The Baby-Friendly Hospital Initiative
Our story begins in 1991 when the World Health Organization (WHO) and the United Nations Children’s Fund (UNICEF) launched the Baby-Friendly Hospital Initiative (BFHI), a global program to encourage the broad-scale implementation of the Ten Steps to Successful Breastfeeding and the International Code of Marketing of Breast-milk Substitutes. The BFHI assists hospitals in giving mothers the information, confidence, and skills necessary to successfully initiate and continue breastfeeding their babies or safely feed with formula, and gives special recognition to hospitals that have done so.
The WHO and UNICEF administer the BFHI program internationally and work with the national authority in each country which confers the Baby-Friendly® designation in their nation. More than 20,000 maternity facilities in 150 countries around the world have earned the Baby-Friendly designation.
In 2007, less than 3% of United States births occurred in approximately 60 Baby-Friendly designated facilities. In 2018, those numbers rose to more than 25% of births in more than 500 Baby-Friendly designated facilities, and they continue to rise. Baby-Friendly hospitals and birthing centers can be found in all 50 states, the District of Columbia, and the Commonwealth of Puerto Rico.
The BFHI has enabled tremendous progress in lactation support. Since its inception over two decades ago, we have seen maternity wards transform from places historically infused with enormous influence from formula companies and maternity care and infant feeding practices that undermined breastfeeding, to environments in which evidenced-based care is provided, education is free from commercial interests, and mothers are supported in reaching their infant feeding goals.
Baby-Friendly USA, Inc.
Baby-Friendly USA, Inc. (BFUSA) is the accrediting body and national authority for the BFHI in the United States. In this capacity, BFUSA is responsible for coordinating and conducting all activities necessary to confer the prestigious Baby-Friendly® designation and to ensure the widespread adoption of the BFHI in the United States. We do this by:
- Refining and upholding the standards/criteria for successfully implementing the Ten Steps to Successful Breastfeeding in the US;
- Assessing and accrediting birthing facilities that meet those standards and follow the International Code of Marketing of Breast-milk Substitutes; and
- Generating widespread understanding of and enthusiasm for best practice infant feeding care.
BFUSA was incorporated as a non-profit 501(c)(3) organization in August 1997.
These are the basic tenets of BFUSA’s philosophy and approach:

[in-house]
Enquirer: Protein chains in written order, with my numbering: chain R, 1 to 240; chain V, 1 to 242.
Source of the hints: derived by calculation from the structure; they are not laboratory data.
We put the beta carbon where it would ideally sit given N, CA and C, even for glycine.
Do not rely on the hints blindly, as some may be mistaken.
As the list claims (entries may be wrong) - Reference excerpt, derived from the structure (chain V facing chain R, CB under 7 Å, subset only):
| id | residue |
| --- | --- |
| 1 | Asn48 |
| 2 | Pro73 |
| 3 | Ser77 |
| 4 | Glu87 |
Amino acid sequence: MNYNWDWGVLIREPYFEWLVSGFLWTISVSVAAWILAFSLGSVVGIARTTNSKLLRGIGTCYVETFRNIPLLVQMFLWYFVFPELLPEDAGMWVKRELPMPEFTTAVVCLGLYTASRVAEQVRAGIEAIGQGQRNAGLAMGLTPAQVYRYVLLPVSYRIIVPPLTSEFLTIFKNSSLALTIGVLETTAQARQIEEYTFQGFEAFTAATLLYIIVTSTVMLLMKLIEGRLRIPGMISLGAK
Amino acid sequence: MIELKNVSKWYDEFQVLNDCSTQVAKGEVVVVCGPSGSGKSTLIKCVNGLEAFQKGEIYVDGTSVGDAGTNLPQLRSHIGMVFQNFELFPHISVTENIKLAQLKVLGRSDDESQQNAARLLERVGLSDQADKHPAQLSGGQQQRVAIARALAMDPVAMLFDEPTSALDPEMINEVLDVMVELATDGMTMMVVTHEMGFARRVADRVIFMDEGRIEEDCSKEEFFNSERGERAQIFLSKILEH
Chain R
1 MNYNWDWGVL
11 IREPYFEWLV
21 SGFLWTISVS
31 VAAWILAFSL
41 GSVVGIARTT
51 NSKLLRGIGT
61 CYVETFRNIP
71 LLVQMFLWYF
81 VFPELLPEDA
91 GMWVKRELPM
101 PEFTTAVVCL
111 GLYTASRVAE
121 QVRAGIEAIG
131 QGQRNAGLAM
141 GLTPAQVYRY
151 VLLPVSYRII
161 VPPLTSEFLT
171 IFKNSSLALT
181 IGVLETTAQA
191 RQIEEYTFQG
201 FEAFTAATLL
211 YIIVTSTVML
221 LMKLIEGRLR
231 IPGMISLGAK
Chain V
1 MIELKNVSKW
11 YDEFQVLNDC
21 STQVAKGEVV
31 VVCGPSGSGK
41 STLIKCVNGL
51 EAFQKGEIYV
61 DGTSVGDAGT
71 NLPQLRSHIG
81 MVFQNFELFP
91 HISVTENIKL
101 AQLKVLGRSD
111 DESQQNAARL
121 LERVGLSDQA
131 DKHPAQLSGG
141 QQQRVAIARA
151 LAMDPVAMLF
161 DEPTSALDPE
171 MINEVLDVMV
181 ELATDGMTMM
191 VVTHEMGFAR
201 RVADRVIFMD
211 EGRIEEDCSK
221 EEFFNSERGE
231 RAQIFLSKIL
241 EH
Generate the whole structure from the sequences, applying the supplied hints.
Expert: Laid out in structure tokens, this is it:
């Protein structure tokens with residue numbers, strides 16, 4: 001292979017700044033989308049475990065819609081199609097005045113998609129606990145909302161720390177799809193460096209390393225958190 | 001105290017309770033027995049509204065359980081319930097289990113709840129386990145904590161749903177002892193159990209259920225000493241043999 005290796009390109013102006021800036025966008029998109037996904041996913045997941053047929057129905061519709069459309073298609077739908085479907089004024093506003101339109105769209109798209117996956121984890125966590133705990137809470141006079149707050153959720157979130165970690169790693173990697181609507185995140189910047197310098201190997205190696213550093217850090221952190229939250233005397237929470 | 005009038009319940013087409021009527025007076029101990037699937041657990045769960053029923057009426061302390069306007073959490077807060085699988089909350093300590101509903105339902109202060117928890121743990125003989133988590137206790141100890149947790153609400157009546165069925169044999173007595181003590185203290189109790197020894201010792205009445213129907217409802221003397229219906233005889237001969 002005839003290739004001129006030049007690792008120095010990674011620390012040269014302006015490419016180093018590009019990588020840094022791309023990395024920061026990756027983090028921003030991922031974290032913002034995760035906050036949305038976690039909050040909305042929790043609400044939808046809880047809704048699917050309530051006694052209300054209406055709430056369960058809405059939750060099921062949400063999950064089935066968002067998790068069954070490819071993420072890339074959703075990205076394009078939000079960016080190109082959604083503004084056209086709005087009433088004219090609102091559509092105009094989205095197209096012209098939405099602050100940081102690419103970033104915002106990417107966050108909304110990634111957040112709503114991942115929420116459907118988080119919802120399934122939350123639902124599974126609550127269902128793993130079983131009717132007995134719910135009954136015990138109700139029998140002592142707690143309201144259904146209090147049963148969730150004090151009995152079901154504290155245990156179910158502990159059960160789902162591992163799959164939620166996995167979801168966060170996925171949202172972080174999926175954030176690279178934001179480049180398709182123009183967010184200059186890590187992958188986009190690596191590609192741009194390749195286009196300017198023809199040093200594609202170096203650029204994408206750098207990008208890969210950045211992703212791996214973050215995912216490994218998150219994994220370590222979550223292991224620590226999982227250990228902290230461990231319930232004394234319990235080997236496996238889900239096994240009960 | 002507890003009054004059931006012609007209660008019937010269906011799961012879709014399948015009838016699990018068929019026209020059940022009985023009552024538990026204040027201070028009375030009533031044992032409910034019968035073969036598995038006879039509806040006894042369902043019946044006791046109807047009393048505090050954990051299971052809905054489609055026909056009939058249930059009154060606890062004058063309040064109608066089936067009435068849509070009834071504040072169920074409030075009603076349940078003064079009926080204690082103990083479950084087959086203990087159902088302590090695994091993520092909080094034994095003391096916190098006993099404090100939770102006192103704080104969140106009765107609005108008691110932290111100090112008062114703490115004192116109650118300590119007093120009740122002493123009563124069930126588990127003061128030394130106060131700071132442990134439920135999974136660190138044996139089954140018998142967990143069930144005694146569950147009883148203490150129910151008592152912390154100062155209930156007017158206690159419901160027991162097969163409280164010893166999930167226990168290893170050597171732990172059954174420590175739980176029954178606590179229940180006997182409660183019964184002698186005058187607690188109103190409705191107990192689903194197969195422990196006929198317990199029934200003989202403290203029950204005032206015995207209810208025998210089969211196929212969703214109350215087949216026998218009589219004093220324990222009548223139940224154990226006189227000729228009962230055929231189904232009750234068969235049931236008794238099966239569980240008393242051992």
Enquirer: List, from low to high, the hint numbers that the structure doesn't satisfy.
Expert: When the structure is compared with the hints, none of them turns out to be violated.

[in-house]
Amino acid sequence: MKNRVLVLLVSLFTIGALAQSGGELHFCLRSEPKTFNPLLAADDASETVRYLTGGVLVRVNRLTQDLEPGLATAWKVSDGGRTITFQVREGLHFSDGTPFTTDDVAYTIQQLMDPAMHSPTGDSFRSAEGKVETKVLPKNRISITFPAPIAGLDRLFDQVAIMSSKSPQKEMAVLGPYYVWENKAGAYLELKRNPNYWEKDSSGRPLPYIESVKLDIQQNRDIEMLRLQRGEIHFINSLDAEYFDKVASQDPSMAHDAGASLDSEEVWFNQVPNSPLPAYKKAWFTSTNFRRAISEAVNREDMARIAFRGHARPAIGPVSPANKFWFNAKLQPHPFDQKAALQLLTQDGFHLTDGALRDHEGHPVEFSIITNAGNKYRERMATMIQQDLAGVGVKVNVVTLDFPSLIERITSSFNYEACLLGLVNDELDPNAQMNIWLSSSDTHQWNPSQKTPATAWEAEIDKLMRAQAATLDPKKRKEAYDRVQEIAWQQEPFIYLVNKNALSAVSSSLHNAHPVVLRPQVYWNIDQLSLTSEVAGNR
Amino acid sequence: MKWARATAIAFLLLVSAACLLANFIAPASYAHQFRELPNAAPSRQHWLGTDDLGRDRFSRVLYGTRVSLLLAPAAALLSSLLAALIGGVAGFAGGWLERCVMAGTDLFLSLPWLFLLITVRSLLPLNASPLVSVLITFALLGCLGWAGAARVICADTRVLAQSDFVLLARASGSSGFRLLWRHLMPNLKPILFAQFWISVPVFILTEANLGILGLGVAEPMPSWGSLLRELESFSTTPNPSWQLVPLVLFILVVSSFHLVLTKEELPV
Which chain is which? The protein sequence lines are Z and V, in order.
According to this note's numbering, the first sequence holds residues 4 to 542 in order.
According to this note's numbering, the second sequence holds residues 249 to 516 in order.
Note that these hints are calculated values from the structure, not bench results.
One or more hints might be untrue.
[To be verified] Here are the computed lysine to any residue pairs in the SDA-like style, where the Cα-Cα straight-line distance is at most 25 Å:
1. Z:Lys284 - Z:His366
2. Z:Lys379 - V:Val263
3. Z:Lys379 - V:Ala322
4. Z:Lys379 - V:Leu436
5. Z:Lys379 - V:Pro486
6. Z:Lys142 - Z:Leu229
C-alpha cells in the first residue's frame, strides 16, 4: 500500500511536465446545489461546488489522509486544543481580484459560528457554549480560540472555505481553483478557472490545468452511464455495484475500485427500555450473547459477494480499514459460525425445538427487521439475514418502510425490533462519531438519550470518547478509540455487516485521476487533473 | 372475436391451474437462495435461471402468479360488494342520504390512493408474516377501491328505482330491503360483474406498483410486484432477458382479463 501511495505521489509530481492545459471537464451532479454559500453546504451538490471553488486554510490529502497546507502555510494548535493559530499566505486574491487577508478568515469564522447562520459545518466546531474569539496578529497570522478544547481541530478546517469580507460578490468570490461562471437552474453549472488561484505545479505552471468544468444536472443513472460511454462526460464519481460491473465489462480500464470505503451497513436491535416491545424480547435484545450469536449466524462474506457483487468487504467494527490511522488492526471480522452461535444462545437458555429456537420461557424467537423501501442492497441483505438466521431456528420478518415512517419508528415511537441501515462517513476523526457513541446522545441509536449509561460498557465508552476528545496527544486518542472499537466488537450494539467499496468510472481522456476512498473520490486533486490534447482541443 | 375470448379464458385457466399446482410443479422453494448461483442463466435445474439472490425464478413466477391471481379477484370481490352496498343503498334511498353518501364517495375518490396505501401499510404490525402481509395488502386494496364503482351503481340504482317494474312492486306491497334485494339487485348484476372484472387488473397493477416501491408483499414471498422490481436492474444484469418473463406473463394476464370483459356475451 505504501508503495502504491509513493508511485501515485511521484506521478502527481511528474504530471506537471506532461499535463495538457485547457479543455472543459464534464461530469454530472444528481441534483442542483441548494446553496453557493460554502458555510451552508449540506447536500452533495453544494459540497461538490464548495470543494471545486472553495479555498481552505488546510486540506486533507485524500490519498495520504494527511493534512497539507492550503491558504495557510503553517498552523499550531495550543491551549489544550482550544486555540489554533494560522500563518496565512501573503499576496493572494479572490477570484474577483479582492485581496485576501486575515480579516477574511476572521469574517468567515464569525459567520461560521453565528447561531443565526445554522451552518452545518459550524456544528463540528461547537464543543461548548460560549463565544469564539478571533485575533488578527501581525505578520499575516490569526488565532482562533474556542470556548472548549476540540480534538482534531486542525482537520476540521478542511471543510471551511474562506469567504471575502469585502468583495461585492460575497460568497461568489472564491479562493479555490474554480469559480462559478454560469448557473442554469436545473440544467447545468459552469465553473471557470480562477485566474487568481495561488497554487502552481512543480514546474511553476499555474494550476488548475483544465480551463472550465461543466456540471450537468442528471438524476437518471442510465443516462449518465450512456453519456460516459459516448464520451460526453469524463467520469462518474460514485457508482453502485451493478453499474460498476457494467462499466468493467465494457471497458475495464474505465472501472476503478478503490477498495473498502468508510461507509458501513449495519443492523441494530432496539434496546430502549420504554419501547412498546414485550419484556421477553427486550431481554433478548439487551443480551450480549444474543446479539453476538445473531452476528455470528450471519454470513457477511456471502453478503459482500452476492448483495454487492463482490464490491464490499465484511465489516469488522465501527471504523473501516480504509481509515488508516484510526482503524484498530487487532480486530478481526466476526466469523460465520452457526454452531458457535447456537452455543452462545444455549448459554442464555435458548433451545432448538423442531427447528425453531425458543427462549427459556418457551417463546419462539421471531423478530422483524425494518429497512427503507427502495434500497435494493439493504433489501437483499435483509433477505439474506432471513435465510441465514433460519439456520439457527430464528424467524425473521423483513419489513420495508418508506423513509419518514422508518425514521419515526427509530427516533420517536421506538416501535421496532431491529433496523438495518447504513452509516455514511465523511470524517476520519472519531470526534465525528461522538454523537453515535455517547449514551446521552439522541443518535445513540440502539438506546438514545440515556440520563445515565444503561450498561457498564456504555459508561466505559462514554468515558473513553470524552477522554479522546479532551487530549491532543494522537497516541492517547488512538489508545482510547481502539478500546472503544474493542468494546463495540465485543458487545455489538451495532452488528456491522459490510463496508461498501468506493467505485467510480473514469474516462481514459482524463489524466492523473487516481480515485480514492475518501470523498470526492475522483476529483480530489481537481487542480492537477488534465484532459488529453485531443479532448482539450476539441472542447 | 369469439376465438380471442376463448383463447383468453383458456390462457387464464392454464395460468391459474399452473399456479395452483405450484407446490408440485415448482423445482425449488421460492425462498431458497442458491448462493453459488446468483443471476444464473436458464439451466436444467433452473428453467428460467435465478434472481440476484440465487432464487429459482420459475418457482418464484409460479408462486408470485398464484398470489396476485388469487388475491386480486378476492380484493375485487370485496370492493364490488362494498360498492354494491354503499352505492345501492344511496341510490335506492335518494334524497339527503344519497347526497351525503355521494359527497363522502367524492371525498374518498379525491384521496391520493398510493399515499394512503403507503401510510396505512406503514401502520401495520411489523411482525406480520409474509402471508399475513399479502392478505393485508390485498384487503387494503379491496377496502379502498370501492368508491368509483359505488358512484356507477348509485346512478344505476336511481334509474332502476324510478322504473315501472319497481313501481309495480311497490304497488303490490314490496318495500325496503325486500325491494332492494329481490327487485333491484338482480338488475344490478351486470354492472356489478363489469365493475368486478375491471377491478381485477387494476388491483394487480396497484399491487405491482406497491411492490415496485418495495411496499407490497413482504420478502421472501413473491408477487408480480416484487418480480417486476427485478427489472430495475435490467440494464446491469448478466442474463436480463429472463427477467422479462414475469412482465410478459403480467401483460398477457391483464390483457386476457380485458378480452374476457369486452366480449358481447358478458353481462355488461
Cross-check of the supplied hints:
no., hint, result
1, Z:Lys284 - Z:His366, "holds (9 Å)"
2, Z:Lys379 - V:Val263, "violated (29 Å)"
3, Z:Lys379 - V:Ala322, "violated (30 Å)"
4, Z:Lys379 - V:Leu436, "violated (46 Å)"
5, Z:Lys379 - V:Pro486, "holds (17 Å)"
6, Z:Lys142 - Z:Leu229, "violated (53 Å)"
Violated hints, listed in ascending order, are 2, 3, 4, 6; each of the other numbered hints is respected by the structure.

1. Human milk fed through direct breastfeeding is the optimal way for human infants to be nurtured and nourished.
There is no question that breastfeeding is the optimal feeding and caring method for the health of both, the baby and the mother. An abundance of scientific evidence concludes that mothers and babies who breastfeed experience improved health outcomes and lower risks for certain diseases. Breastfeeding is the natural biological conclusion to pregnancy and an important mechanism in the natural development of the infant.
2. The precious first days in the birth facility should be protected as a time of bonding and support not influenced by commercial interests.
Hospitals and birthing centers wield enormous influence over the first days of life and play a critical role in determining breastfeeding success. Before the Baby-Friendly Hospital Initiative began to take hold across the US, commercial interests significantly influenced infant feeding practices in ways that undermined breastfeeding. Baby-Friendly facilities are centers of support in which evidenced-based care is provided, education is free from commercial interests, all infant feeding options are possible, and individual preferences are respected.
3. Every mother should be informed about the importance of breastfeeding and respected to make her own decision.
We aim to ensure that every mother is fully informed of the importance of breastfeeding and to the help she needs to achieve her breastfeeding goal. We respect that breastfeeding is not possible for some families in certain situations, that supplementation is sometimes medically appropriate, and that some mothers will decide not to breastfeed. Every mother has the right to evidence-based information, free from commercial interests to help her decide how to feed her baby and should be equally supported and treated with dignity and respect for her infant feeding decision.